Sir Rudyard Kipling, please help me with the answers.

What is Life?

B +ve is playing with her Ammamma and suddenly she asks – What is Life? My mother-in-law got nervous on hearing the question that a great many philosophers have failed to answer in their lifetime. She immediately directed B +ve to her grandfather, who answered her question by offering the Telugu word for ‘Life’ – ‘Jeevitham’. Unsatisfied, B +ve again got back to question her grand-mother – What is Jeevitham?

The question continues…

The role-play of Mommy

O +ve has taken it upon herself that she is my mother and I am her child. So, every now and then, she dons the avatar of my mother. I will be instructed to call her Amma, Mommy, Mom, Mummy – all the different words of mother that she knows. She goes around calling me Baby and I have to call her by any of the chosen names that she gives me from her repertoire.

When my mother is around, I might get 2 replies when I call for her.

The tears dropping around

B +ve had a shampoo done and she came out crying from the bath. No amount of cajoling and coaxing can console her right after the gross injustice that has been meted out to her. Her sister tries her luck. O +ve remarks that  B +ve is crying so much that her tears would be passing through the floor, seeping into the house of the neighbour who stays below us and he is going to come complaining to us for the water in his house. The next thing we know, B +ve is amused and is completely silent thinking about whether it will really happen.

Water leakage and water flooding due to tears, OMG!

Why do girls only wear frocks?

We do try to keep our daughters away from the gender stereotyping (my being at home and my wife going to work certainly helps). Well, I suppose not much. B +ve has popped up a question – Why do only girls wear frocks? And, we have not been able to answer this simple (!) a query.

The girls’ initiations to real-world differences seem to have started.

In the daily rush of things, we tend to forget these instances that make our lives livable and leave us with a smile on our face, irrespective of the circumstances that we face.

Each one of us has such little moments. Let’s take out time for them; let us not miss out on these memories in our everyday’s struggles. I am sure big things will happen, in the meanwhile, it will be these little moments that will make life totally worth it.

Come On Papa, You Can Do It: Father’s Day Promise

“Come On Papa, You Can Do It”. This is what I get to hear often from my twin daughters when we are on our outdoor immersions. Particularly so, when they find me huffing and puffing, on my haunches, perspiring heavily, trying to catch my breath and not being able to match pace with them.

I am a stay-at-home father to my three and a-half-year-old twin daughters, who do not go to pre-school or nursery or day-care. We indulge in umpteen numbers of outings to green spaces in the city or tag along with my wife, who runs an experiential rustic travel firm to villages.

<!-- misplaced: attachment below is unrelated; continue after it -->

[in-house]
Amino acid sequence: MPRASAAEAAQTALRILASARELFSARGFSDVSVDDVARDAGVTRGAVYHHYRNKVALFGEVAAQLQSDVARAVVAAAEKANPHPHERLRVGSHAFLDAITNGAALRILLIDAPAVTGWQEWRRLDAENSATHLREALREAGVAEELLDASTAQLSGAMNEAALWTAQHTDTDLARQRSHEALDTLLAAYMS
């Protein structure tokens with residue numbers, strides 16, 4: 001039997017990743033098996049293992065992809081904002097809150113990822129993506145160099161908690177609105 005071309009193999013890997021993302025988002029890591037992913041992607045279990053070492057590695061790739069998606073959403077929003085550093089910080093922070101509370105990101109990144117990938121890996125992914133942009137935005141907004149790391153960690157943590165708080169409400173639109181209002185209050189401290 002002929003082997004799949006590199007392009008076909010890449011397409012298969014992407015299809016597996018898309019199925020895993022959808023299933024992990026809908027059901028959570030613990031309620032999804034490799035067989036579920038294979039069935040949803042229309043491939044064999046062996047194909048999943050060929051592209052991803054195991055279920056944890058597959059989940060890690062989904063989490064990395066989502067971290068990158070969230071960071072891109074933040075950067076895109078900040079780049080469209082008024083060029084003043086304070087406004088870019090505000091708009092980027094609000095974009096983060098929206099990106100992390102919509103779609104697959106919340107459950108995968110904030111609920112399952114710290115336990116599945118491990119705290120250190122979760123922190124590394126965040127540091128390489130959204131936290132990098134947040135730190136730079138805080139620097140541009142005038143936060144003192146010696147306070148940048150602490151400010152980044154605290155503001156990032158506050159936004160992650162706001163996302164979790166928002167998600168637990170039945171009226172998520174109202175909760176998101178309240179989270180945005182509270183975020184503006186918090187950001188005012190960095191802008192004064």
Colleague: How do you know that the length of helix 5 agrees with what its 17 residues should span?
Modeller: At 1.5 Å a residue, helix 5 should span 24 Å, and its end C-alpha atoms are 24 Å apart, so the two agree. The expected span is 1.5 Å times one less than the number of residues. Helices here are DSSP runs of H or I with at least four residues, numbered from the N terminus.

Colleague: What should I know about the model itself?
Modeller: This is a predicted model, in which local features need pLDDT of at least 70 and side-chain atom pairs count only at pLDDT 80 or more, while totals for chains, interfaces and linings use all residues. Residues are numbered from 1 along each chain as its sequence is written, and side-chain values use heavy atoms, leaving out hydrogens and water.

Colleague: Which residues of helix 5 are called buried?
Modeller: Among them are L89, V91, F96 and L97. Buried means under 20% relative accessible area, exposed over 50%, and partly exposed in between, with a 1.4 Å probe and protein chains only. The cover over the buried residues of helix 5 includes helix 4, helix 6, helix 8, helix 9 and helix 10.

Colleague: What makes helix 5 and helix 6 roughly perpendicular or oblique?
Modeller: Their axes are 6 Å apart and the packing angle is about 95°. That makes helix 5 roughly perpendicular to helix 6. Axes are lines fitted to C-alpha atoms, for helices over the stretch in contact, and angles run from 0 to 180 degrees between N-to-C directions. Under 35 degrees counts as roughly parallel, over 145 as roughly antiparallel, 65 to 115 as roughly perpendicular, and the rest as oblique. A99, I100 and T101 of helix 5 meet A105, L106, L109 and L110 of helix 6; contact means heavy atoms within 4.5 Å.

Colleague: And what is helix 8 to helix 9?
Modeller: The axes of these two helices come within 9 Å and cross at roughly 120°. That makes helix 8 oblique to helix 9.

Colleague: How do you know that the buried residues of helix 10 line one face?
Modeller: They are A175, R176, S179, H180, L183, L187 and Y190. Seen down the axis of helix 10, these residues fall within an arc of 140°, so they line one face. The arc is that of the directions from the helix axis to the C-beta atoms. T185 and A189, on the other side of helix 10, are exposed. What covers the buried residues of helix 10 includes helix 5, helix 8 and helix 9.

Out there, the girls get going like they are in their second home. They love collecting twigs, leaves, feathers, seeds – you name it, and they have it in their little nature bags. Irrespective of the size, every rock, stone, pebble gets their attention. If it is big, they try to ascend on to it, if it is tiny; it goes into their personal stone collection. They chase squirrels till the time the squirrels run to the top of the tree. Armed with magnifying glasses, they love following the trails of insects and looking out for animal and bird droppings. They are still trying to get a hang of climbing trees and swinging from the tree branches and aerial roots. The girls have the liberty to visit the parks during non-peak, no crowd hours and it gives them the freedom to indulge in themselves to the core.

Just that, I have to keep an eye on them as they dash off in different directions. Run behind them, roll with them, and answer them as to why the squirrels and pigeons are not willing to play with them, help them get onto the rocks and trees. I end up losing tempo soon enough whilst the two bundles of energy would have just got started. I tell them to slow down and I get to hear “Come On Papa, You Can Do It”.

We accompany my wife on her village trails. Along the way, we get down in any place that the kids wish to explore. The girls get busy picking tomatoes or leafy vegetables or weeding or making farm bunds or checking out earthworms and I have to drag myself along with them. Under the sun, my energy levels dip right away and the girls continue as if they are on an awareness mission about the significance of Vitamin D. I tell them to slow down and I get to hear “Come On Papa, You Can Do It”.

In the current state of ‘no schooling‘, I am my girls’ go to playmate. They want me to not miss out on any of their playful exploits. But at times, they see that I am down and out. They ask me as to why I get tired. They get a bit upset that their father is not able to keep pace with them and they keep prodding me all the time.

I understand that their energy levels are only going to increase in the foreseeable future and I cannot let their enthusiasm to experience and experiment wither away just because I cannot match up to their liveliness. I realize that I have to be more fit and energetic to be there with my daughters. This is going to happen only if I take care of my health and improve on my physical stamina. A must if I have to ensure that my daughters do not miss out on any of their escapades.